The Psychology of Retro Branding

Recent trends in marketing show that things are trending retro in 2020. Brand logos are being designed in styles that hearken back to the 1970’s, and “old school” coffee brands such as Folgers are doing especially well this year, compared to Starbucks and other newer brands. In Zenzi’s value-based approach, we would call this nostalgia-based trend a shift toward Security and Tradition seeking values, and a shift away from more progressive values such as Freedom and Pleasure.

Because Zenzi’s methodology is grounded in established psychological research, we like to look at the deeper meaning behind trends such as these. Research tells us that in times of anxiety and stress (hello 2020!), people tend to become more conservative and cautious. Why is this?

Terror Management Theory proposes that humans will go to great lengths to avoid thinking about their mortality. When people are forced to consider the possibility of death, they seek to assure themselves of their own worth and cultural significance. This can result in the development of conservative-leaning behaviors and attitudes, such as: 1) forming closer ties within one’s own cultural group, and thinking their group superior to others, 2) denying threats to one’s mortality, such as climate change or the current pandemic, and 3) increasing beliefs in religion and an afterlife.

This phenomenon can also manifest itself in business, as we’re seeing with the recent shift toward brands that provide comfort and nostalgia. So how should marketers react to this back-in-time moment we’re experiencing? Here are a few do’s and don’t’s:


·      Emphasize your brand’s history – Security and Tradition Seekers like brands with an established track record that they can trust. If your company is forward thinking and progressive, now may not be the time to play that up. Every company has a history (even if it’s a short one), so bring that to the forefront. However:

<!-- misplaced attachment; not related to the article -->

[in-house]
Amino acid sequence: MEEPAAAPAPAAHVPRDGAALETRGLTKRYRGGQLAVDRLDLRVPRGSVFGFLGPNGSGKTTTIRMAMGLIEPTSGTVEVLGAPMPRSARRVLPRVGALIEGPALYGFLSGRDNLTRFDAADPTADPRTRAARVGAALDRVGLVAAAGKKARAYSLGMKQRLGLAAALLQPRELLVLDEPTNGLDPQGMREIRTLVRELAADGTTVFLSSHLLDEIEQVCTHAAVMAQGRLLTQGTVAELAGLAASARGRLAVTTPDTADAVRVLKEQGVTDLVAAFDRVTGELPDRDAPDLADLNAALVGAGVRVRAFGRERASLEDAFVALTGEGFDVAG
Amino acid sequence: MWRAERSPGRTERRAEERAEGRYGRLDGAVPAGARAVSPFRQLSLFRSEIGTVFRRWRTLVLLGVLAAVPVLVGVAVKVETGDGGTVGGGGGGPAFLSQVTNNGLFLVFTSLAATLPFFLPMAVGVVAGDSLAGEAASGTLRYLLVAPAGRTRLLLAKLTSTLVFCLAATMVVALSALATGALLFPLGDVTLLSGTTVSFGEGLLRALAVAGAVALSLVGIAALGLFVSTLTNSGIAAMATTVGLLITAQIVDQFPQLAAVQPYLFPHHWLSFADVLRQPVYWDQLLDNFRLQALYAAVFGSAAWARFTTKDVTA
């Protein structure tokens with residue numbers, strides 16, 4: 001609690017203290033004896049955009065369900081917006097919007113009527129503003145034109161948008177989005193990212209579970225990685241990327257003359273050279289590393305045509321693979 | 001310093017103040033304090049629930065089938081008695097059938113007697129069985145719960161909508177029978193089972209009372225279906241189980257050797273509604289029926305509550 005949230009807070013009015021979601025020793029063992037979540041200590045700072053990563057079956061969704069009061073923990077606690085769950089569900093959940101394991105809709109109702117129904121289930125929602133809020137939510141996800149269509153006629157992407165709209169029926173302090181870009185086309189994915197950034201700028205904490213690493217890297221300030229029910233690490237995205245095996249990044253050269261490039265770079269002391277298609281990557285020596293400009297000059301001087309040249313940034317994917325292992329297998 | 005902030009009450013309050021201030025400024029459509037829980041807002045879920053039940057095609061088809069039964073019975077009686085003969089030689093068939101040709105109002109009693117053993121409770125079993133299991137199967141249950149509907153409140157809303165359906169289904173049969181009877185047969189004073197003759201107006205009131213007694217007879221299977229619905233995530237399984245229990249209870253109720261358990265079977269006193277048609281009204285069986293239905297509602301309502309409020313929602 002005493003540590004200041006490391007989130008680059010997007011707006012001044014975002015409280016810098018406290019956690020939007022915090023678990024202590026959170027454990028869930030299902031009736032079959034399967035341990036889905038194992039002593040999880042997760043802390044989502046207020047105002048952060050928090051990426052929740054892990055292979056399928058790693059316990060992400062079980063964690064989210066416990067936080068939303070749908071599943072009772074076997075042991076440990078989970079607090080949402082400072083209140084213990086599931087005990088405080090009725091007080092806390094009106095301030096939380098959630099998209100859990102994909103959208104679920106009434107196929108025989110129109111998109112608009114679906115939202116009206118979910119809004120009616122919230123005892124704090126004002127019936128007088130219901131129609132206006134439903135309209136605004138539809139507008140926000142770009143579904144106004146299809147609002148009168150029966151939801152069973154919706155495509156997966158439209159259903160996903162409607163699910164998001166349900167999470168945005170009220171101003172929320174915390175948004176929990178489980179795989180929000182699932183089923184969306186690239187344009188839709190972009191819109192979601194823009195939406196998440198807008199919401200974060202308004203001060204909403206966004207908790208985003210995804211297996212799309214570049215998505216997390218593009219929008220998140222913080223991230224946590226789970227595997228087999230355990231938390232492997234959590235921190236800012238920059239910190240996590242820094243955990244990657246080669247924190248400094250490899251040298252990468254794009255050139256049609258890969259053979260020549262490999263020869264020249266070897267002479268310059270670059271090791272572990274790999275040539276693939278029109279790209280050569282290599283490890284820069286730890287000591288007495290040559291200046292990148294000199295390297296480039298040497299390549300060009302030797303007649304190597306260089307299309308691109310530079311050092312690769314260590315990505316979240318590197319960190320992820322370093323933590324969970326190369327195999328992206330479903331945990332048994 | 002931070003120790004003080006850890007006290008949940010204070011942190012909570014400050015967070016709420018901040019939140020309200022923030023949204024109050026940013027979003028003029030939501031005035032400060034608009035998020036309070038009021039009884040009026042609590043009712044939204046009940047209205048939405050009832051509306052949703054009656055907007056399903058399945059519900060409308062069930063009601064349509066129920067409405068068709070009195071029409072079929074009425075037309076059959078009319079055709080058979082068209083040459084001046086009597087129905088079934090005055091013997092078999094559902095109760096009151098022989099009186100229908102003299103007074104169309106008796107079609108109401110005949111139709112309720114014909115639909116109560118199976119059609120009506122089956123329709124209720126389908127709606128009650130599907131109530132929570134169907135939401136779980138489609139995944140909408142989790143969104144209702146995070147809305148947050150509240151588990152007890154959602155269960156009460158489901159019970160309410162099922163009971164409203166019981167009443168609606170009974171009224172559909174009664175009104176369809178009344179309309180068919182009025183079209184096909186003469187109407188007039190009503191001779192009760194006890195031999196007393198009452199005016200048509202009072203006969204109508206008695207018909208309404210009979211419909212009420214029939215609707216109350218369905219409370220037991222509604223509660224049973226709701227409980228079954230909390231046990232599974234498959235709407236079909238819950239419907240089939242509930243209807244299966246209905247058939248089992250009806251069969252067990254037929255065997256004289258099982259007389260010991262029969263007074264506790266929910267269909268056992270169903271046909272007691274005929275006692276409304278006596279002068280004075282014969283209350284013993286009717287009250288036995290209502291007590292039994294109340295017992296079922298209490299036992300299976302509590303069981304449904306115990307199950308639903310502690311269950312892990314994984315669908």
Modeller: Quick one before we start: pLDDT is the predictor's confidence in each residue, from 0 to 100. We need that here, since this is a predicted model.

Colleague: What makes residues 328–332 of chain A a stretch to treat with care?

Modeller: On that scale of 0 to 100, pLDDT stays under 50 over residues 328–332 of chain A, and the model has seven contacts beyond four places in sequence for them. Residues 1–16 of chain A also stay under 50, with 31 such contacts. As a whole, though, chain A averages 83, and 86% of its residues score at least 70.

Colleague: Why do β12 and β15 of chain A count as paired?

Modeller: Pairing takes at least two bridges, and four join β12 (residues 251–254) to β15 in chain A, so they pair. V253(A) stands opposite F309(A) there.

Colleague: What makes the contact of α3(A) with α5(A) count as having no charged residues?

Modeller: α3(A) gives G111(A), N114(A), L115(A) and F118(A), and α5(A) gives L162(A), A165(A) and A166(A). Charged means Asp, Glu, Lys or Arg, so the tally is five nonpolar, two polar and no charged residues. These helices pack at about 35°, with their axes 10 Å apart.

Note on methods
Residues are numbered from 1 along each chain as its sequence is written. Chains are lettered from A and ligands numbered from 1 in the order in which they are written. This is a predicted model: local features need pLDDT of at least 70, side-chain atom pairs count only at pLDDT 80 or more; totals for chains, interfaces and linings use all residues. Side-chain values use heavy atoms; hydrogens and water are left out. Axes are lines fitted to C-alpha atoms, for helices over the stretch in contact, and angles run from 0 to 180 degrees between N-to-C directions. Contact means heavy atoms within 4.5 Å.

·      Do a full rebrand – As with everything, the pandemic will be over someday and your brand needs to be prepared for whatever comes next. So don’t go overboard in targeting Security/Tradition seekers unless you plan to be a Security/Tradition brand for the long haul. Stay true to your brand’s identity, but be mindful of the anxious social climate we’re living in now.


·      Fill a need –The goal of values-based marketing is to satisfy people’s psychological needs, which can change with the state of the world. For now, consider playing up the safety features of your brand, or suggest ways your brand can help bring families closer together. Be creative in finding ways to appeal to an audience that wants to feel safe.


·      Downplay your customers’ fears – People are loyal to brands that they feel understand them and their psychological state of mind. Don’t try to pretend that we are living in normal times or that people aren’t feeling anxious. Acknowledge that this is an uncertain time for everyone, and emphasize how your brand can help. Reassurance can go a long way in developing customer loyalty and connection.

These do’s and dont’s can all be incorporated into your brands visuals, logo, and overall aesthetic. For example, you might use comforting images of families spending time together as opposed to individuals pursuing their own personal goals. Or avoid darker, muted colors in favor of warm, brighter tones that convey a sense of safety and optimism. You can see some of these elements in play on Baskin-Robbins website, where they utilize a rainbow palette featuring lighter pinks and blues, and emphasize the family bonding aspects of the brand, steeped in years of American tradition.

These are just a few tips for applying psychology to branding in the current marketplace. At Zenzi, we specialize in helping brands make values-based connections with their customers based on established psychological principles. For more information, contact us!